Perhaps we could tone down the police-as-vicious-thugs rhetoric. Our police stand between civilization and the law of the jungle. These admirable and eminently human individuals were gunned down for no reason whatsoever. One's heart breaks at their words and the loss of their lives. Our enemy is not the police but barbarism. The people who are out of control in our country are those among us who are intent to hampering enforcement of the law, and enabling and encouraging anarchy. Obama and Attorney General Lynch, neither of whom gives a damn about the Constitution, are part of the problem.

[1] "2 Hattiesburg officers killed; 4 suspects in custody." The Clarion-Ledger, 5/11/15. Contributing to this article were Sam R. Hall, Therese Apel and Sarah Fowler for The Clarion-Ledger; Tim Doherty and Jason Munz for the Hattiesburg American; and the Associated Press.

Sunday, May 24, 2015

Two Possibilities

     There are always two possibilities:

  1. Proposition A, whatever it might be;
  2. The contradiction of Proposition A.

     Note that “the contradiction of Proposition A” means its untruth, rather than a reversal. For example, if Proposition A is “All men are mortal,” its contradiction is not “No men are mortal,” but rather “Not all men are mortal.” Beware the Undistributed Middle!

     But rather than discuss ninth-grade logical fallacies, let’s have a concrete proposition before us. Here’s one that gets a lot of air time and column-inches:

     Proposition A: “American women are oppressed.”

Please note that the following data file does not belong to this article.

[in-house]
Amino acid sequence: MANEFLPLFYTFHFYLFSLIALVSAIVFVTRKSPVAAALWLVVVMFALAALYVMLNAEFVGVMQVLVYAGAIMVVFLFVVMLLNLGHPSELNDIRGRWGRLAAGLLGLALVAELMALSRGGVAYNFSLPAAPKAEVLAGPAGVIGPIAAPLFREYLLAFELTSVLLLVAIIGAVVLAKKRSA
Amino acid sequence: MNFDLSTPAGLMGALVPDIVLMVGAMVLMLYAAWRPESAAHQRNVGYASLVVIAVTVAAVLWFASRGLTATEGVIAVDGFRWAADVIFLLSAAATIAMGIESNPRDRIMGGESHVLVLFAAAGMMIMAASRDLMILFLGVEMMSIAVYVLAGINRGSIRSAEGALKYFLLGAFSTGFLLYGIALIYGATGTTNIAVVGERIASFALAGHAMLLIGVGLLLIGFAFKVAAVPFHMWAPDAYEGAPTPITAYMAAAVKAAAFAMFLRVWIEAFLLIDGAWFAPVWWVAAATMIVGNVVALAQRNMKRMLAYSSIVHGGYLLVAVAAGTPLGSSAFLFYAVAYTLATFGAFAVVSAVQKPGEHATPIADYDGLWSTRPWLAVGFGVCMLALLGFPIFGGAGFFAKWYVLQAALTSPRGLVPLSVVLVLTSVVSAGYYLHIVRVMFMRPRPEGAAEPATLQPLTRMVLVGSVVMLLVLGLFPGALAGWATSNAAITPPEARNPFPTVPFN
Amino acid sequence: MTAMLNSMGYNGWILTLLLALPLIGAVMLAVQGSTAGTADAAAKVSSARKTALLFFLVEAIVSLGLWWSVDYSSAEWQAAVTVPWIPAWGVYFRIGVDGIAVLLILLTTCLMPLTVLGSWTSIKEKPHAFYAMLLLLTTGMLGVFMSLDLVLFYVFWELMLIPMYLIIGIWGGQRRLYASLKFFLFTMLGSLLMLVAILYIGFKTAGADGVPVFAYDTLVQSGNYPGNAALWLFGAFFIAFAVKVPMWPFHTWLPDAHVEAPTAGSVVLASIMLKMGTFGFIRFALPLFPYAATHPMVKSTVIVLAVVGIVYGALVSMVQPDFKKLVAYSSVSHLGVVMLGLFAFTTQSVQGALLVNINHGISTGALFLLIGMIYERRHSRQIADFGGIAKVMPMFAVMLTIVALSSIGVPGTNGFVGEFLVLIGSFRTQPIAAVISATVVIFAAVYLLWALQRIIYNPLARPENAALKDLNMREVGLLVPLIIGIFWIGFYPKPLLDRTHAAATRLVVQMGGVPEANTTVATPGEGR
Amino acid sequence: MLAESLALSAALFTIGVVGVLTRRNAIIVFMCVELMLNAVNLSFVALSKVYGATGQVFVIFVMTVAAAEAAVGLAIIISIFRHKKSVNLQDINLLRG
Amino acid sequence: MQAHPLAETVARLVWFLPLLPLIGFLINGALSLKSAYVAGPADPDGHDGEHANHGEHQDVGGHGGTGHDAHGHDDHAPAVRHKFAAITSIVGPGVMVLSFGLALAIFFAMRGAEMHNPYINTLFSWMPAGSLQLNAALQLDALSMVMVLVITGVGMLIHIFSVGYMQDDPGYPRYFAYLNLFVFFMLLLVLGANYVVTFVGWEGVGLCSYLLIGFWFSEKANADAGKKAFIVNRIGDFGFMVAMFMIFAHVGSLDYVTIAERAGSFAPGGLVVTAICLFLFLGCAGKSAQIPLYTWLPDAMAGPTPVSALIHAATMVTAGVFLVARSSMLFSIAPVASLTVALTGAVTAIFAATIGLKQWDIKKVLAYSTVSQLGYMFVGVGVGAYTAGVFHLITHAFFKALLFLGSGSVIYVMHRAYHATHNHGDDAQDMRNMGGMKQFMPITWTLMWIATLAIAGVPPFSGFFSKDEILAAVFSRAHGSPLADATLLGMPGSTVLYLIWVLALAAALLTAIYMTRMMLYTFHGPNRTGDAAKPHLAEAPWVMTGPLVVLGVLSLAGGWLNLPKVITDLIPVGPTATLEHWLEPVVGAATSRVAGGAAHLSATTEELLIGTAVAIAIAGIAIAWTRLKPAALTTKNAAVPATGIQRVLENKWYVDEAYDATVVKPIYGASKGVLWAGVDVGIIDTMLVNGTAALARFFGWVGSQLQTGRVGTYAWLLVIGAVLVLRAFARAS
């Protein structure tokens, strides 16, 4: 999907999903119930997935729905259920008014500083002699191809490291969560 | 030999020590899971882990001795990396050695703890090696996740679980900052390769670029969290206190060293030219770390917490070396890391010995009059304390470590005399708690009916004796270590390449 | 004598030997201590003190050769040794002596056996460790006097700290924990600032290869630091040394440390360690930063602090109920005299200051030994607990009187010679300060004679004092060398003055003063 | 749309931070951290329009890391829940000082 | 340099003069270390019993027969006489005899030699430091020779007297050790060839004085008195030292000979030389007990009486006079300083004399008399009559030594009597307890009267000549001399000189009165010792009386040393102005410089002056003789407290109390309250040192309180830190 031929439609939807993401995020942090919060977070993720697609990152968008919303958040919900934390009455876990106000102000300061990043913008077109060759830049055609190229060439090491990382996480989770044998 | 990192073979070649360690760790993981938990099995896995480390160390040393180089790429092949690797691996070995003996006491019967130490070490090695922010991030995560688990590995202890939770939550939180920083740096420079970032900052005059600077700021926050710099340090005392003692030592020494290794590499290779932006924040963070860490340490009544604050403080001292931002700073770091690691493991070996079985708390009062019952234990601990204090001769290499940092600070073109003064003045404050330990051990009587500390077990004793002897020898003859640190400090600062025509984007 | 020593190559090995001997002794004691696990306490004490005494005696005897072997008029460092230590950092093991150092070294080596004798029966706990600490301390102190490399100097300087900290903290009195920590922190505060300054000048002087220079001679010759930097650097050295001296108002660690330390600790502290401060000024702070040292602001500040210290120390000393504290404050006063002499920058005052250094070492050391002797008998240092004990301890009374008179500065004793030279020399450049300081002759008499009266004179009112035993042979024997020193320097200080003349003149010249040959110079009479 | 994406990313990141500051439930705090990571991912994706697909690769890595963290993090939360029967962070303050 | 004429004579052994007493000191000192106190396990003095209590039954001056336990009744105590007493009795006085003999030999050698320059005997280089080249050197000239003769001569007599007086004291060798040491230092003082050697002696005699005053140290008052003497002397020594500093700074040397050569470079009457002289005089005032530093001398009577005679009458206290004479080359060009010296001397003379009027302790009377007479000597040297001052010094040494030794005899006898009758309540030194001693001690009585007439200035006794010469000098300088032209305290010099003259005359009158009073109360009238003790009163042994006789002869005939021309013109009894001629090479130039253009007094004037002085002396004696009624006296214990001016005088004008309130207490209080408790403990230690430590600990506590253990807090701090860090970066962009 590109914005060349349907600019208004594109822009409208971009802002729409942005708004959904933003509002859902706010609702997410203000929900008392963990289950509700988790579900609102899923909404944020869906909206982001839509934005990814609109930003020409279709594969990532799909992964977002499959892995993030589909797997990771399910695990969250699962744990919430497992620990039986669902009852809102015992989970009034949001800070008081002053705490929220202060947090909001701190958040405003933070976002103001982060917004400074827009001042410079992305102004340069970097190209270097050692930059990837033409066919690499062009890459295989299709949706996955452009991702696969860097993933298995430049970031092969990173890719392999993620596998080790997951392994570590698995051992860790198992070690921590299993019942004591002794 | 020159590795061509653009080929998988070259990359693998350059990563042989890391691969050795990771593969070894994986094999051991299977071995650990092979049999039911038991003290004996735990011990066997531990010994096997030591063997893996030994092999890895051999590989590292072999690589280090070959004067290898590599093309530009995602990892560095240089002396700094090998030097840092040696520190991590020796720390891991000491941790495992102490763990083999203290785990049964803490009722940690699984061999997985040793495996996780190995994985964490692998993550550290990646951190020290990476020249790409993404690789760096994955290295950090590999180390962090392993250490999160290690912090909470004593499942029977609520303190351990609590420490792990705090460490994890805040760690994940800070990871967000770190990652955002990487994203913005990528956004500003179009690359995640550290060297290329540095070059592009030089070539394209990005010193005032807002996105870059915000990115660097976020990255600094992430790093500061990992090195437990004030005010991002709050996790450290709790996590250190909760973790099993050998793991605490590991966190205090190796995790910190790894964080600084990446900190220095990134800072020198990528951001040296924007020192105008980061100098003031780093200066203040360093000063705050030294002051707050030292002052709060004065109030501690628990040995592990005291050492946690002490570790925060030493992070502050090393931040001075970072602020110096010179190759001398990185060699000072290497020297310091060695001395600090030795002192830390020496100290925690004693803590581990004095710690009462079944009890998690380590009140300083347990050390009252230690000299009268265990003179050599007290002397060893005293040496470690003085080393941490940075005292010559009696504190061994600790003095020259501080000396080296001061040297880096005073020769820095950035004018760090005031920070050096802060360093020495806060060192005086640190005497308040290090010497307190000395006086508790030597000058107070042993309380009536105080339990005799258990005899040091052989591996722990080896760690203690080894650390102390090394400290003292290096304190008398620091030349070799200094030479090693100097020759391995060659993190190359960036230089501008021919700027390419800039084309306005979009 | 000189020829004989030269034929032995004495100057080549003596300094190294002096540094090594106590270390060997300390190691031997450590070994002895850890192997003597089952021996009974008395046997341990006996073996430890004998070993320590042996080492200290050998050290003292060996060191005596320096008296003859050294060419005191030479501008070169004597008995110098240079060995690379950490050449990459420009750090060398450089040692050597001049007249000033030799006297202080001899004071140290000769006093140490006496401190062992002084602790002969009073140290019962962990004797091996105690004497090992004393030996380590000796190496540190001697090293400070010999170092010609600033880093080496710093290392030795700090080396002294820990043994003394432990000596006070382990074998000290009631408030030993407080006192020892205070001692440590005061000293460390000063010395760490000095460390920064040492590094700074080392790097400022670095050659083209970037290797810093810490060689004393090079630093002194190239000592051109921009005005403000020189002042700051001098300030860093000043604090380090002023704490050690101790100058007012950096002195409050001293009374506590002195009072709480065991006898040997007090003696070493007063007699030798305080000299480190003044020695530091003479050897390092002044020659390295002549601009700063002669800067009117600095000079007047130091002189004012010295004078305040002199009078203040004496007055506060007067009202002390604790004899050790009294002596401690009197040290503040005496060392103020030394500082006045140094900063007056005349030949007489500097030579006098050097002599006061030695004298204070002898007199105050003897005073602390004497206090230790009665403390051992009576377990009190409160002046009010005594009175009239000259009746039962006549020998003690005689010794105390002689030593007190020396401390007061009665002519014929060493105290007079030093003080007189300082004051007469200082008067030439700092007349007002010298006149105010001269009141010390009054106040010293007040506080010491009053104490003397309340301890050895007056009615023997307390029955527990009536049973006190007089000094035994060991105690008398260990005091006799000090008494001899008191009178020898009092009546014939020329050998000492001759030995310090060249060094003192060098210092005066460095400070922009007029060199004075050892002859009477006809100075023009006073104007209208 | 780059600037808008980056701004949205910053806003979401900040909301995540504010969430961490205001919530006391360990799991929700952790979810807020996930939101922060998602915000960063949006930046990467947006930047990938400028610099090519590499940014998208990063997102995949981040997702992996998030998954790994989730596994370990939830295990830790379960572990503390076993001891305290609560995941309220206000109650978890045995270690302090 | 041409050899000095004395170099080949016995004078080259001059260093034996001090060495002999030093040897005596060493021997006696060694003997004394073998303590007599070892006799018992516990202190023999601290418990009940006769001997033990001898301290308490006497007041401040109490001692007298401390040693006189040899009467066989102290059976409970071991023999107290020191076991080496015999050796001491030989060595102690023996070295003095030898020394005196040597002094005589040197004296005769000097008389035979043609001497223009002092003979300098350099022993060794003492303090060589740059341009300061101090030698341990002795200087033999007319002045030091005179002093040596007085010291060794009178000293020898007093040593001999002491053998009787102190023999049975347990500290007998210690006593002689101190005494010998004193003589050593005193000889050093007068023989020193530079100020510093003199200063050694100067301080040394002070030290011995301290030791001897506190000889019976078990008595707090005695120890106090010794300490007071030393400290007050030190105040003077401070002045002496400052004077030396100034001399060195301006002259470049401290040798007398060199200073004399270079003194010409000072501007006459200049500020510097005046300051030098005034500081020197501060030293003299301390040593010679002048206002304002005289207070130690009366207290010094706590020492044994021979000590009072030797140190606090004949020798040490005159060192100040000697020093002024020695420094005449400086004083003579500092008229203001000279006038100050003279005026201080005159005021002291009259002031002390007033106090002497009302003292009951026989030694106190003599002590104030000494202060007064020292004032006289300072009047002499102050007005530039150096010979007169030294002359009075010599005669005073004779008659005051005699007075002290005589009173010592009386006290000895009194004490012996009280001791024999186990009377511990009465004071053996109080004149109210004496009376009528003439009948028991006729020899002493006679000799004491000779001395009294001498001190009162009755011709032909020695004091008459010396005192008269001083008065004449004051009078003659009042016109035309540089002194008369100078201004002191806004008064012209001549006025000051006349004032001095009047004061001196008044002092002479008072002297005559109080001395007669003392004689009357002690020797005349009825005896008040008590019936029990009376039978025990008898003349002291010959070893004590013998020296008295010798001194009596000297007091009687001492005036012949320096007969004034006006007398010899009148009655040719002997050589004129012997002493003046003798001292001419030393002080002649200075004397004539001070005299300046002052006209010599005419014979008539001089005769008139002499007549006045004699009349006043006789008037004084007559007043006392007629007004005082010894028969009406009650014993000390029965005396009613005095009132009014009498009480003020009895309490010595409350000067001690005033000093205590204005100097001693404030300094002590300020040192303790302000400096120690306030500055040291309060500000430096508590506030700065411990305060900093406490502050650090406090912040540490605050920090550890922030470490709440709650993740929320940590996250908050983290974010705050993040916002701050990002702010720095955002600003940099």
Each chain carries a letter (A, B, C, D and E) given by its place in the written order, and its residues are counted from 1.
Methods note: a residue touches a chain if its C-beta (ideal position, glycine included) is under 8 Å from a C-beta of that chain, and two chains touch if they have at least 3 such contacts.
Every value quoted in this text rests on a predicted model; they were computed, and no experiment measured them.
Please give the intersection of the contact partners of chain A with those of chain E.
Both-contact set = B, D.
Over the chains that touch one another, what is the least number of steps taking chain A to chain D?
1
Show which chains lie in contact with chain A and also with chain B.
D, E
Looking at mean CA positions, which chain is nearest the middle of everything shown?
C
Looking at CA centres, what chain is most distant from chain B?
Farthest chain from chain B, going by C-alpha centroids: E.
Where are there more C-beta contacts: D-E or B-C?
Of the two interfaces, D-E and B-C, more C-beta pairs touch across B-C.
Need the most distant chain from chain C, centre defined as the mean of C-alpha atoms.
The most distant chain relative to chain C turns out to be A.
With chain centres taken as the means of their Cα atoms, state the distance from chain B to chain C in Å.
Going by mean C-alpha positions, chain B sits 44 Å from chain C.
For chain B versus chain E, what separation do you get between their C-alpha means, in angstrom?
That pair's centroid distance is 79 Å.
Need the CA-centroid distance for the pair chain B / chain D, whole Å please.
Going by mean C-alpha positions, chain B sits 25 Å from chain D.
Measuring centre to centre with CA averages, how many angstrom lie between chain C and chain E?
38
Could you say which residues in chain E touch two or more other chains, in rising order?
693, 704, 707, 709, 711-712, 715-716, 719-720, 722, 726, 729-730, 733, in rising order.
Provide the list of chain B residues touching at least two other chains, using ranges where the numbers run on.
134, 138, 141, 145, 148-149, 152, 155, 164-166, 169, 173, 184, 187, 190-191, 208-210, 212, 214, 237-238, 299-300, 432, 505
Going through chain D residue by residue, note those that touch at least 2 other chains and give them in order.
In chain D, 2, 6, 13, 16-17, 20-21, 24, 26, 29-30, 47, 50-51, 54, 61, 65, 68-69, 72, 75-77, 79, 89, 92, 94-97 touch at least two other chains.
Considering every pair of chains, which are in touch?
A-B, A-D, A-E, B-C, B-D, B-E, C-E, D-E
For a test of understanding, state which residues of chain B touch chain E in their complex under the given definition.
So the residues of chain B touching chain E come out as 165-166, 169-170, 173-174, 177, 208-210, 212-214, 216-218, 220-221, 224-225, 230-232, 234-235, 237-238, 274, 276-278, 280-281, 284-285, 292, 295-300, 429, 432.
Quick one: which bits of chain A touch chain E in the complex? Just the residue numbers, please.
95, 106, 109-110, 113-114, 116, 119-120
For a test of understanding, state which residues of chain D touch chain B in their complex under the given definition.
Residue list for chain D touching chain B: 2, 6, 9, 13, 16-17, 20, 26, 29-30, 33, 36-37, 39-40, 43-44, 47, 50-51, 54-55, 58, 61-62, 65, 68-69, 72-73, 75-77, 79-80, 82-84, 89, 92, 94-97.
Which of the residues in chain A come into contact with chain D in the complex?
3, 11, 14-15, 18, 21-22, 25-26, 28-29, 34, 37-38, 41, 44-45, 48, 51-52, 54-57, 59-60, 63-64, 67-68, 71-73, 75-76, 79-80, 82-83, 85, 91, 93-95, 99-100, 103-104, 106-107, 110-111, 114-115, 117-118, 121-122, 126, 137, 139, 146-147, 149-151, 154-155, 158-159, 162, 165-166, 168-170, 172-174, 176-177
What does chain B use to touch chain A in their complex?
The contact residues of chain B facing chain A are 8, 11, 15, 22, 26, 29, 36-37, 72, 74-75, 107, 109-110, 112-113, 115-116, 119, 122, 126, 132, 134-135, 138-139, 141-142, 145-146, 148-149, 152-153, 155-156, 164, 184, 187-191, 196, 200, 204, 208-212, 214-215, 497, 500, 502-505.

The contradiction is difficult to form from Proposition A as expressed above, because it’s ambiguously formed. The correct formulation would be “All American women are oppressed,” or alternately, “If you are an American woman, then you are oppressed.” That allows the formulation of the contradiction: “Not all American women are oppressed.”

     For the balance of this tirade, let [A] be shorthand for “Proposition A,” and let [~A] be shorthand for its contradiction. My fingers are aging even faster than the rest of me, for reasons that should not require a lot of development.

     Note that if [A] is false, then [~A] must be true. But even [~A] leaves open the possibility that some American women are oppressed. Much depends upon the precise definition of “oppressed” – yet another of the words the Left has struggled to redefine to its own advantage.

     People who vent unpopular opinions onto the Web get hate mail. Great God Almighty, do we get hate mail! This earlier tirade got me a fair amount, as have other things I’ve written about relations between the sexes. Nevertheless, I stand by it, as I stand by everything that I write on any subject.

     The subject of conscience is often on my mind these days, in particular because of its binding to human individuality. The conscience operates on an individual level: one individual, one conscience, whether or not he chooses to heed it. Groups don’t have consciences; neither do crowds, institutions, or “movements.”